Check for locked out Active Directory user via Ruby

At work, I’ve been working on a lot of automation lately and I ran into a seemingly simple problem that ended up being a bit more complicated than I had first imagined. I have been collaborating on a project that we’re using for auditing Active Directory users and groups and tracking changes to those groups via some simple automation. While that project is interesting in its own right, my boss and I agreed that tackling another helpful automation problem would help our entire IT team: determining if user accounts are locked. I’ve been pushing #ChatOps hard at work through Lita, so adding a plugin for our bot to work with Active Directory seemed only logical.

Context out of the way, making Ruby work with LDAP is a solved problem, many times over. Thankfully, Active Directory exposes most everything you’d want via LDAP, so with a few helper methods, building a few objects tailored to this task was easy work. We quickly discovered that each Active Directory user has a handy attribute called lockoutTime, and even some helpful hints via the interwebs that we just need to check if that value is 0 (meaning the user isn’t locked out) or any other value (indicating, naturally, that they are locked out). Well, this would be a pretty crappy blog post if that was the end, but it wasn’t.

Our basic testing of “Lock yourself out, check if the bot knows you’re locked out, then have someone unlock you, then have the bot check” worked just fine. That said, Active Directory had a gotcha buried deep in there, and it took a couple hours to stumble upon it. A user that is locked out but doesn’t have an admin unlock them will only be locked for so long. This duration — aptly named lockoutDuration in Active Directory’s LDAP parlance — is available by querying the LDAP Base DN (usually something like DC=yourdomain,DC=com). Oddly, this is stored as a negative integer, whose value is expressed in units of 1/10th of a microsecond (or, put another way, 100 nanoseconds). To complicate things further, this is returned by Ruby as a BER encoded string (of the Net::BER::BerIdentifiedString class to be precise). If that isn’t strange enough, when the lockoutTime attribute isn’t 0, it is the timestamp of the user lock-out based on Microsoft’s epoch for Active Directory timestamps. Microsoft’s Active Directory epoch is 1601-01-01 at 00:00, and timestamps are measured in this 100 nanosecond unit as well.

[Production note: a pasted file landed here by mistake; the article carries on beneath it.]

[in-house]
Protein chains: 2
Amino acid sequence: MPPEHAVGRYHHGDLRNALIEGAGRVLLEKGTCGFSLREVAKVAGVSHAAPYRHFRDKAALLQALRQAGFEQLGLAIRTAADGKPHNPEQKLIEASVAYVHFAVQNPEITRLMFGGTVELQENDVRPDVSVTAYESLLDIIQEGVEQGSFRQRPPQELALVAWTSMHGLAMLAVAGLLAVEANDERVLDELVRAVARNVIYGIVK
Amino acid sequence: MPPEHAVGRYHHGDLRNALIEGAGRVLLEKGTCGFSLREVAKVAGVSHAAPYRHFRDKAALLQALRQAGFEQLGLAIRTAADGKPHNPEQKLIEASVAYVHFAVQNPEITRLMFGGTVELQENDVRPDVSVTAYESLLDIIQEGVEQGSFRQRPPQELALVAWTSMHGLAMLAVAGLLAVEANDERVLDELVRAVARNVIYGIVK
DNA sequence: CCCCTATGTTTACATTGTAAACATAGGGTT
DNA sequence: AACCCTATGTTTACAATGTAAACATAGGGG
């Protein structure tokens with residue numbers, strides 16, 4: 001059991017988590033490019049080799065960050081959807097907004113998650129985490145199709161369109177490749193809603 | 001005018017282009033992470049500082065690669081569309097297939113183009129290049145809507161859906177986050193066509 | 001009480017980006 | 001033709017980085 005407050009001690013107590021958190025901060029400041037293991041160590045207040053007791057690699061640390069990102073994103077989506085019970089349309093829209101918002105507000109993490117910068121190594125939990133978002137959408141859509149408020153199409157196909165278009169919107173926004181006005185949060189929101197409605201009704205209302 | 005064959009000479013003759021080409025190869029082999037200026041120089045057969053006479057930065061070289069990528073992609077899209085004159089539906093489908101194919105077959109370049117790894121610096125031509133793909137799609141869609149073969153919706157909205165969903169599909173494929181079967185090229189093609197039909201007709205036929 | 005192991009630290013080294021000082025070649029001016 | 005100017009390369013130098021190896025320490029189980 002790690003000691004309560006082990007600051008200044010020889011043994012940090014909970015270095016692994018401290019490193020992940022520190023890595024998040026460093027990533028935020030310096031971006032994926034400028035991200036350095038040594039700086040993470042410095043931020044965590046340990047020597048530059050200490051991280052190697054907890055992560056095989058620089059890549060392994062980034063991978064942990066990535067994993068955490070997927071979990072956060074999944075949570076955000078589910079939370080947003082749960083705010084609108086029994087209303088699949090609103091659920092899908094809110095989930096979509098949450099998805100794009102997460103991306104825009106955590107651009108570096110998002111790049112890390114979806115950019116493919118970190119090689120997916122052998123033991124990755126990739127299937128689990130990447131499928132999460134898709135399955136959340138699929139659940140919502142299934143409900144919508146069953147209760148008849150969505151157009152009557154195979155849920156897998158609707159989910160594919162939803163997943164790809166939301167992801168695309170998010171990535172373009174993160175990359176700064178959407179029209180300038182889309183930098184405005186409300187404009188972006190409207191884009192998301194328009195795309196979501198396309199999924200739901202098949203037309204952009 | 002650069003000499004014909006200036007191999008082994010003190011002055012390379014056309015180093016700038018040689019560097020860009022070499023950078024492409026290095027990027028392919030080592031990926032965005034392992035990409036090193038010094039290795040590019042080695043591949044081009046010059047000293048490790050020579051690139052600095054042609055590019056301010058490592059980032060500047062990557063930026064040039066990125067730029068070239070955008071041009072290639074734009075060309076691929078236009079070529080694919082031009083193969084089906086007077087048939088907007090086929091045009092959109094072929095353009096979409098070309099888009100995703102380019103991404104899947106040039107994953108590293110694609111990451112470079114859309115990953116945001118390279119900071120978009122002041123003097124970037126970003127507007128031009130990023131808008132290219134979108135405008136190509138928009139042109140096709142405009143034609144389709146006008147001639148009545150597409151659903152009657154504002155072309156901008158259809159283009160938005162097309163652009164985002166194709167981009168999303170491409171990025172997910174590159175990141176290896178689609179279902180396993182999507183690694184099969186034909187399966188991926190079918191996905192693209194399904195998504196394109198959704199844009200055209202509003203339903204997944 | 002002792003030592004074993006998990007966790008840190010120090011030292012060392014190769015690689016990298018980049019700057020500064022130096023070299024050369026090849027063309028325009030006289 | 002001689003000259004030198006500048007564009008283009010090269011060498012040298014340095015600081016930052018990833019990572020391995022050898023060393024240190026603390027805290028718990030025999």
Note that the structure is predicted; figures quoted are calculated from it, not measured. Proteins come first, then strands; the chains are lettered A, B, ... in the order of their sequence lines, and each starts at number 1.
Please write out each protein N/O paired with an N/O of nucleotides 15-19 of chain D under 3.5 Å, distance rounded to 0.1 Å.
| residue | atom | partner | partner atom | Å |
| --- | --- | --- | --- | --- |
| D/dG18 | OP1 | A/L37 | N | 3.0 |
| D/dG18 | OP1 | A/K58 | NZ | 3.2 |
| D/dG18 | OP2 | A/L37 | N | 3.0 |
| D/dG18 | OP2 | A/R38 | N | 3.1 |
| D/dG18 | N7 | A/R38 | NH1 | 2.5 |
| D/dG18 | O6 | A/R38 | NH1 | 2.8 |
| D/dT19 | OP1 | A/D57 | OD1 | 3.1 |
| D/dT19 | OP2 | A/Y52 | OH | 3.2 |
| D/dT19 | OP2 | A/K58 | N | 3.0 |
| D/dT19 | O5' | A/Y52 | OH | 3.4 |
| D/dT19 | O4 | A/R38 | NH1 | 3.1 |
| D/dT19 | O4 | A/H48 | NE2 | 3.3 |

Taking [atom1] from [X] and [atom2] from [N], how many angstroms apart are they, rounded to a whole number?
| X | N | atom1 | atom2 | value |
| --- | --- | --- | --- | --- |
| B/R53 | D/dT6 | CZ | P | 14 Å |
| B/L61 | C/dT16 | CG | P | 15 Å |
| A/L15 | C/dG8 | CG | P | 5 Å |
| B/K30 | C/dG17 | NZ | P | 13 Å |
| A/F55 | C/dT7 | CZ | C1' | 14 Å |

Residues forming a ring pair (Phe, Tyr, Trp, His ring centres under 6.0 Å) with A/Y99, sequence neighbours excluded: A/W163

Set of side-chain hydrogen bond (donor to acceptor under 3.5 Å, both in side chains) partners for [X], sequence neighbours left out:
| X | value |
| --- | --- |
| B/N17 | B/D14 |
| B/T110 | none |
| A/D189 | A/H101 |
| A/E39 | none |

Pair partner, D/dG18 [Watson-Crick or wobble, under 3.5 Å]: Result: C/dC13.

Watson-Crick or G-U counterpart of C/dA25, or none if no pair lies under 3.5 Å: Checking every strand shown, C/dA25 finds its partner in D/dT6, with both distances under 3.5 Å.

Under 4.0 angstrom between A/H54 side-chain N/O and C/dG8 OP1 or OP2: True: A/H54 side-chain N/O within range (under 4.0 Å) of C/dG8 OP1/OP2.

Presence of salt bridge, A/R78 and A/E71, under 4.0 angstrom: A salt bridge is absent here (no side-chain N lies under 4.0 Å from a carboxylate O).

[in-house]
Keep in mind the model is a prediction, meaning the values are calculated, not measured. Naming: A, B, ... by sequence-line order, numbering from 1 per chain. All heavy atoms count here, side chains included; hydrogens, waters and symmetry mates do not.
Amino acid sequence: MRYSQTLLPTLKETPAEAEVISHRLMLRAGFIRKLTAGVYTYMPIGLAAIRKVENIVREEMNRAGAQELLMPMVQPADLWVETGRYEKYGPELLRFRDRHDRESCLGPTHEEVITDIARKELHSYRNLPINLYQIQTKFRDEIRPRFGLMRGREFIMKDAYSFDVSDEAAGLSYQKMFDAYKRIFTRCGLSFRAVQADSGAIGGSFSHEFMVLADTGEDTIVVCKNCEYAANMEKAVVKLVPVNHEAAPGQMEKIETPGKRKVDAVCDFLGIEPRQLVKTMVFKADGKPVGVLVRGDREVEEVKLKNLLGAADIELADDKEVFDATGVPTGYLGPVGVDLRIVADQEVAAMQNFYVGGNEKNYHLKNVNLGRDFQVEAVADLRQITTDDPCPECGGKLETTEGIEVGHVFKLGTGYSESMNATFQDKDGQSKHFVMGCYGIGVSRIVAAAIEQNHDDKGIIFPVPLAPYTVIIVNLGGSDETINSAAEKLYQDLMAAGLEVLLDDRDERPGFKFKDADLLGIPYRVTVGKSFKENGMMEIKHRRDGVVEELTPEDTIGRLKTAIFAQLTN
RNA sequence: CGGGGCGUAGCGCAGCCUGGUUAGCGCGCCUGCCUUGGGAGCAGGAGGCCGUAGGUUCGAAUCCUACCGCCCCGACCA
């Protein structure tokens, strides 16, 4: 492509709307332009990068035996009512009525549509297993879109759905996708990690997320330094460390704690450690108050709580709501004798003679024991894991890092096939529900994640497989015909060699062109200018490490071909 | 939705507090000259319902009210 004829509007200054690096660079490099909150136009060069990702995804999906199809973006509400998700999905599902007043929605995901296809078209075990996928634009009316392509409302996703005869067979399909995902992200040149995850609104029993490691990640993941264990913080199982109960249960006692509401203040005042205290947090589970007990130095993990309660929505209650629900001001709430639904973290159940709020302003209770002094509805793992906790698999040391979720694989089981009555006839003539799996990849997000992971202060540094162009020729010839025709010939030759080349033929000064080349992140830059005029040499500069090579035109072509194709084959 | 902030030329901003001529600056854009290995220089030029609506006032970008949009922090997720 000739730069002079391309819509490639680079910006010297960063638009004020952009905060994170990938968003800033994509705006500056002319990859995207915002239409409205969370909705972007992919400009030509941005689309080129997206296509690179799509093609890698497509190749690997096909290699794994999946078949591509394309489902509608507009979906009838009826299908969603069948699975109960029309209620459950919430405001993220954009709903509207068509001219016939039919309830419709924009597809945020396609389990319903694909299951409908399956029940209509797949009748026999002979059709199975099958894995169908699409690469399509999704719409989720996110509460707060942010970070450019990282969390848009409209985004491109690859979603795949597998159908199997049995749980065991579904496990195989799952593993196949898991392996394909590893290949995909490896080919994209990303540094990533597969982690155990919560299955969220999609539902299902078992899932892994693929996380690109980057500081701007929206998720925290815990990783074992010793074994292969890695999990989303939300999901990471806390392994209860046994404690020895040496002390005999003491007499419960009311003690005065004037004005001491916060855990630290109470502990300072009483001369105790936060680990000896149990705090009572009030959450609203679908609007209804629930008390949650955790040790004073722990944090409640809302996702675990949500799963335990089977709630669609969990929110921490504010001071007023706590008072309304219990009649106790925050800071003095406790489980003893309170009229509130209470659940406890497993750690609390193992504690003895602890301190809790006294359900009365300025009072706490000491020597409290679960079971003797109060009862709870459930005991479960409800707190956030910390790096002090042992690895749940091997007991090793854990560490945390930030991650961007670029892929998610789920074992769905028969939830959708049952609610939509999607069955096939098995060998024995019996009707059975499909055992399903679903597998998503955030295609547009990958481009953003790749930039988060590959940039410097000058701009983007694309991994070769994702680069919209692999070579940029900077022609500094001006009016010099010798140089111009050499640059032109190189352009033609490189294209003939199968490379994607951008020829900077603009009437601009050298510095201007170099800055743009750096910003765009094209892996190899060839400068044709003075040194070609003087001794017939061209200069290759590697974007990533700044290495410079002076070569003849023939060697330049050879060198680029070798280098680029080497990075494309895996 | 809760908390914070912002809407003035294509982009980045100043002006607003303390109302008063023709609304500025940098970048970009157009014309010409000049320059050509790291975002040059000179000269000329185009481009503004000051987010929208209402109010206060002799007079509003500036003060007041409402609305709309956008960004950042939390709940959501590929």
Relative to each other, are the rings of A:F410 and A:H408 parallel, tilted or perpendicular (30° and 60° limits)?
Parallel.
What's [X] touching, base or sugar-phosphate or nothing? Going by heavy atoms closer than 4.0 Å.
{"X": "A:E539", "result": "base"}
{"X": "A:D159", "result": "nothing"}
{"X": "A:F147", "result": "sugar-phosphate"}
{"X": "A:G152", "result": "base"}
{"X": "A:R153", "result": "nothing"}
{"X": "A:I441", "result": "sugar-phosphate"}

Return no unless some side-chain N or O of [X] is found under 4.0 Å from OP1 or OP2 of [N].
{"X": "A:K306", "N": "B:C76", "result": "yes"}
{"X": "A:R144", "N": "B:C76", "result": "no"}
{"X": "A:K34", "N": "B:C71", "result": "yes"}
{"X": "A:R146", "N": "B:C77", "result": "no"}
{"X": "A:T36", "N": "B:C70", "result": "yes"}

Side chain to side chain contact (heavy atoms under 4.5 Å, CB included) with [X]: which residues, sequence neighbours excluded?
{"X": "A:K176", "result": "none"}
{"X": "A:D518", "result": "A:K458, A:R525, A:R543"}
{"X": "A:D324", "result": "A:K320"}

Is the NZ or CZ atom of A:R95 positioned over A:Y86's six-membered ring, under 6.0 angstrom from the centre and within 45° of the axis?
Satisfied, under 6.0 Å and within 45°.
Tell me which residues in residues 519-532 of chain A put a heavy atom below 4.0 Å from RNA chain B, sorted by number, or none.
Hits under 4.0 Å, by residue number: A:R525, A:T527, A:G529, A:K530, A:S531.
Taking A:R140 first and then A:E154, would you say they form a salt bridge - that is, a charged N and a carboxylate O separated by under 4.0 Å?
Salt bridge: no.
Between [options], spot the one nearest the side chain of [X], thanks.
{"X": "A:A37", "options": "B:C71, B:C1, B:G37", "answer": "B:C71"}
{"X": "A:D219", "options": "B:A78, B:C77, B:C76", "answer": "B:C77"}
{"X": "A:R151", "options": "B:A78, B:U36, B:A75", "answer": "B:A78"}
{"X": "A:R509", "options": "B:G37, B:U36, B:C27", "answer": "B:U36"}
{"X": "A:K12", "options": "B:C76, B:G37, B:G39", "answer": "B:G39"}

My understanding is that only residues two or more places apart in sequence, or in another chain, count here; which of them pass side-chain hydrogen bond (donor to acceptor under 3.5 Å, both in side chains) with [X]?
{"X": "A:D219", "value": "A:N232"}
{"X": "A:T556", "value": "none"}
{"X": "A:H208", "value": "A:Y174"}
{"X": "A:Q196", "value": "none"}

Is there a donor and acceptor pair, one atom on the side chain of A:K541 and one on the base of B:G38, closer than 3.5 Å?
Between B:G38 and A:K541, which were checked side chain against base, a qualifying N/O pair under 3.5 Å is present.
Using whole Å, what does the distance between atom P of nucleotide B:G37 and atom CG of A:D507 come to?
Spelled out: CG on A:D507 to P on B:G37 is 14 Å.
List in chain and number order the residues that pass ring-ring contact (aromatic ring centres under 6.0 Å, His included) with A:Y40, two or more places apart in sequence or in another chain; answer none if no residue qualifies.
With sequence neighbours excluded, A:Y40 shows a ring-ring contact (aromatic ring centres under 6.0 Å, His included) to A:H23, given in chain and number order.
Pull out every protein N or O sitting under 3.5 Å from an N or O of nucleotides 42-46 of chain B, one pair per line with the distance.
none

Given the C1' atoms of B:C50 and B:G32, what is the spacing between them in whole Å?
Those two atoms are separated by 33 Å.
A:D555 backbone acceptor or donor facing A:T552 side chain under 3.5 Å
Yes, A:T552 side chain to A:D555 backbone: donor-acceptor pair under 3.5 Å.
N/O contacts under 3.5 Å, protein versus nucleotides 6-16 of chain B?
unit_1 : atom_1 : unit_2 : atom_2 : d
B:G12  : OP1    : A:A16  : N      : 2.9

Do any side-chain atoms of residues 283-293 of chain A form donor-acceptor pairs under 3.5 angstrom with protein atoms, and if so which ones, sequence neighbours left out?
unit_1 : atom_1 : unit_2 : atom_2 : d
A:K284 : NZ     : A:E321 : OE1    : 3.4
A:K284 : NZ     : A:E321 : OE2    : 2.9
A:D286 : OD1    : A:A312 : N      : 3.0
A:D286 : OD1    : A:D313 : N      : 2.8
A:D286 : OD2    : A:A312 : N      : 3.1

So this means we need to:

  • Determine a consistent unit of measurement (we’ll call this t)
  • Calculate the difference between Microsoft’s epoch time and everyone else’s (we’ll call this epoch_delta)
  • To do this, we need to calculate how many units of t there are between 1601-01-01 and 1970-01-01. Thankfully, Ruby’s Time provides a way to do this quickly:

  • Determine the value of the user’s lockoutTime attribute (we’ll call this locktime)

  • Pull the value of the domain’s lockoutDuration attribute (let’s call this duration)

  • Get the current time in units of t (we’ll call this now):

With all that information, we can apply the following calculation / logic:

Here is where you can see this actual formula applied in practice.

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